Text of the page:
Meeting minutes

Windham Southeast School District meeting minutes are available online.

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BRATTLEBORO — After some controversy over amending August meeting minutes to include contentious exchanges between Windham Southeast School District Board members, a new debate is brewing.

In his clerk’s report at Tuesday’s board meeting, board member Tim Maciel said the board is committed by law to follow Robert’s Rules of Order.

“We simply do not follow Robert’s Rules in minutes where it says who says what,” he said. “Robert’s is pretty unequivocal on this.”

Attributing in the minutes what is said in meetings to individual people tends to “personalize and politicize the discussions,” Maciel said.

“In fact, who says what is irrelevant,” he said. “It is the decisions of the body that is important. Discussions are merely a means to the end, not an end itself.”

Maciel said if attributed comments are included in minutes, meeting participants might become “intimidated or guarded” and not want to share their true opinion. He described the point of minutes being to create an official record of the board’s actions.

“This purpose becomes clouded over and obscured when irrelevant material is included,” he said. “The detailed minutes make it hard to sort out the actions taken from the verbiage. They absorb a lot of staff time and can result in the body’s taking too much time to correct the record.”

Maciel said the material also can provide “fodder” for opponents if the board finds itself involved in a lawsuit. He suggested speakers at meetings could still request certain statements be put into the record.

Board member Shaun Murphy said the minutes provide information for people who don’t go to the meetings or watch them on Brattleboro Community Television.

“I know there have been some specific requests to make sure that the minutes are extremely accurate for the whole meeting,” he said. “In these difficult times that we’ve had, to have a written record, I think, is very important.”

In an email to the Reformer, Murphy praised Wendy Levy for her objectivity. Levy records the minutes for the board.

“This is not about how an individual takes minutes. This simply is a reference to Robert’s Rules,” board member Deborah Stanford said. “This isn’t personalized at all.”

Levy challenged the conversation as being out of order since the topic wasn’t warned on the meeting agenda. Board member Lana Dever said she believes the public would be better served if the subject is put on an upcoming agenda, and Board Chairwoman Kelly Young agreed to put it on the next one.

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In an interview Wednesday, Levy said, “It was really hard for me to speak up in a meeting where I have no standing, where I’m an at-will employee in a state where people can fire someone for no reason.”

“There’s also a gender component.” she said. “As much as I might be fairly bad ass, I’m still a female calling out a male in public. That doesn’t always end well.”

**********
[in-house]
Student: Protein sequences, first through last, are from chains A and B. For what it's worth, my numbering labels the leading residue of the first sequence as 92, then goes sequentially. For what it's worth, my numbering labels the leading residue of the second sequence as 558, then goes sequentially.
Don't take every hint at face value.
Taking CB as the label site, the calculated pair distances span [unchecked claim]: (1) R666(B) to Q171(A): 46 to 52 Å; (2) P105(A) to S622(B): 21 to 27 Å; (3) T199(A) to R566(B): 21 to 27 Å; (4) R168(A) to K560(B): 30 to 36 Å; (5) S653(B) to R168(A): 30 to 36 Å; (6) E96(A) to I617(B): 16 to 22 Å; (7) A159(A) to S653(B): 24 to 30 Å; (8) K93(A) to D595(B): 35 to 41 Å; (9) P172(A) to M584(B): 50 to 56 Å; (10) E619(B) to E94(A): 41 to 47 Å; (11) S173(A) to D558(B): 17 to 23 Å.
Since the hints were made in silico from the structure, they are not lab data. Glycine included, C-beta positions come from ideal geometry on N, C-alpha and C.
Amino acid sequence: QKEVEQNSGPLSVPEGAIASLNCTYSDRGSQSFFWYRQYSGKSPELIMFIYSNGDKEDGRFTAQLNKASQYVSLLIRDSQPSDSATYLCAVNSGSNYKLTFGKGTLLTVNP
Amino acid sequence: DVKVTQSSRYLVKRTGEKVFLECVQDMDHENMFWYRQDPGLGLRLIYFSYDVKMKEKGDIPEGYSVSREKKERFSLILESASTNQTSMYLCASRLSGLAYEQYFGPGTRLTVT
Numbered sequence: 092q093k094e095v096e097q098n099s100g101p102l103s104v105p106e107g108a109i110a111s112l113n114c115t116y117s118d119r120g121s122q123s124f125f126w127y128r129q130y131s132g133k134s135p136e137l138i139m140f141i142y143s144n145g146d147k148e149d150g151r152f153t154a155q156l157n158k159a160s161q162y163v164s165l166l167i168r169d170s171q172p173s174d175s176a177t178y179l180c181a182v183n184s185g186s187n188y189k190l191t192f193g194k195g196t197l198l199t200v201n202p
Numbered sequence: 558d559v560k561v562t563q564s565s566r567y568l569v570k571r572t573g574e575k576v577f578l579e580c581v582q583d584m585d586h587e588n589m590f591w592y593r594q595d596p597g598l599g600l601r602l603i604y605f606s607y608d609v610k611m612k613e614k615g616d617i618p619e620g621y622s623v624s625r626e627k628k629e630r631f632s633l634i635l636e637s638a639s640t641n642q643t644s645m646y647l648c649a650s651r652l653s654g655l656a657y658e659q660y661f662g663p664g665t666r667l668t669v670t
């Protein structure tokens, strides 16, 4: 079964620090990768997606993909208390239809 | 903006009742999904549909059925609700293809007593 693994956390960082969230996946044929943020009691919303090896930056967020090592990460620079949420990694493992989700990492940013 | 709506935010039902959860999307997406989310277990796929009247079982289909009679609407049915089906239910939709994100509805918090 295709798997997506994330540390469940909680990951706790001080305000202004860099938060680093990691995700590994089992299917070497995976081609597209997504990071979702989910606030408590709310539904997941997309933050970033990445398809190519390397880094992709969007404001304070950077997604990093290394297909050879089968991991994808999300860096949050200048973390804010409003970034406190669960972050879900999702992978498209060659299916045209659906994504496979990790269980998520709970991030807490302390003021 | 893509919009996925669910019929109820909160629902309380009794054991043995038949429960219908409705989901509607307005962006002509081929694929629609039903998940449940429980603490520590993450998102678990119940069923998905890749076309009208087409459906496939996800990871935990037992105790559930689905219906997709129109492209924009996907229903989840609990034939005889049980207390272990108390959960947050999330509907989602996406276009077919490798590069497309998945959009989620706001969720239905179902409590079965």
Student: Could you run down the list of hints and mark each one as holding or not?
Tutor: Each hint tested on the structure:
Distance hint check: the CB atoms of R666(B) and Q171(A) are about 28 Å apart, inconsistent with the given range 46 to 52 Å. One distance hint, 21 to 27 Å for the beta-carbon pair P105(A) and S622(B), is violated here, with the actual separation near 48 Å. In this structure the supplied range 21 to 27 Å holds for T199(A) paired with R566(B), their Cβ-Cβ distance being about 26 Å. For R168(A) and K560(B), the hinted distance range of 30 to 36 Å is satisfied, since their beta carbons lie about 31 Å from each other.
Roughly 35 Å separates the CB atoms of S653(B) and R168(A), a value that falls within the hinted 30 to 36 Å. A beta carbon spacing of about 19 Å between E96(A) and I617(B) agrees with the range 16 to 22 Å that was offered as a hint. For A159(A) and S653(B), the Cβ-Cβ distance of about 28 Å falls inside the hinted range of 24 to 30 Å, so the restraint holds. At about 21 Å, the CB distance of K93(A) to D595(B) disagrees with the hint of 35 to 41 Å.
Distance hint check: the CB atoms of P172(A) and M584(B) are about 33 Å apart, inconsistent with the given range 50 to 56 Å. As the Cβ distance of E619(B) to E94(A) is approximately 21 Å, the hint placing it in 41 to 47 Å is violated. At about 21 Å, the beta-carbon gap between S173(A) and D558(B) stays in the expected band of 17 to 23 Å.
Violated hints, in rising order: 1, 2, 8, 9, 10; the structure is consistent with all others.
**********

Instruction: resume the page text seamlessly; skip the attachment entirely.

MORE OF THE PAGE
Levy said she believes Maciel is “focusing on the messenger because he doesn’t like the message.” She views the proposal as retaliation after publicly saying she feels the board might have violated Vermont’s Open Meeting Law as an oversight if the board entered into executive session without a proper vote, which was part of the discussion on amending the Aug. 9 meeting minutes. She also had said the Aug. 9 minutes she submitted, without board member Michelle Luetjen Green’s amendment, were the result of a conversation with Maciel, and she asked never to be put in the position of leaving out information again. Maciel declined to respond.

After submitting the draft minutes without information about the executive session, Levy said she no longer had the power to amend them. In an earlier interview, she expressed concern that no one had been dealing with Green’s repeated attempts to do so. Last month, the board ultimately voted 5-4 to approve amending the minutes as Green proposed to include a contentious exchange between board members.

Maciel’s call to change the way minutes are taken “doesn’t look good for voters,” Levy said. “He’s demanding of the board recorder to leave out information that voters have a right to know, and he’s doing it in a meeting where it hasn’t been warned and people don’t know that this is going to come up for conversation.”

Maciel told the Reformer he feels sorry Levy has taken it personally.

“This is just to get us back to Robert’s,” he said. “My call for meeting minutes to adhere more closely to Robert’s Rules was not at all retaliatory. For a very long time, we’ve been straying from Robert’s Rules, particularly in attributing names to what was said.”

Levy said she met with her boss, Superintendent Mark Speno, when she felt board members were attacking Green for her efforts to increase transparency on their decision making processes. Levy described worrying she might be targeted next. She wonders why the change to minute taking is needed right now, recounting being praised by Maciel in the past for a job well done.

When recording the minutes, Levy looks at how the board is moving toward making decisions via their conversations. That, she said, includes dissent. She noted people like to know costs and data. She also takes minutes for other governmental bodies.

Unsure if she can be at the School Board meeting when the issue is discussed again, Levy said she needs to “keep my wits about me so I can record the minutes.”

“But I do have things to say, definitely,” she said. “I want to hear what the board members have to say. I mean, you know, they are their minutes.”

Levy plans to submit a written statement to the board chairwoman and request that it be read into record.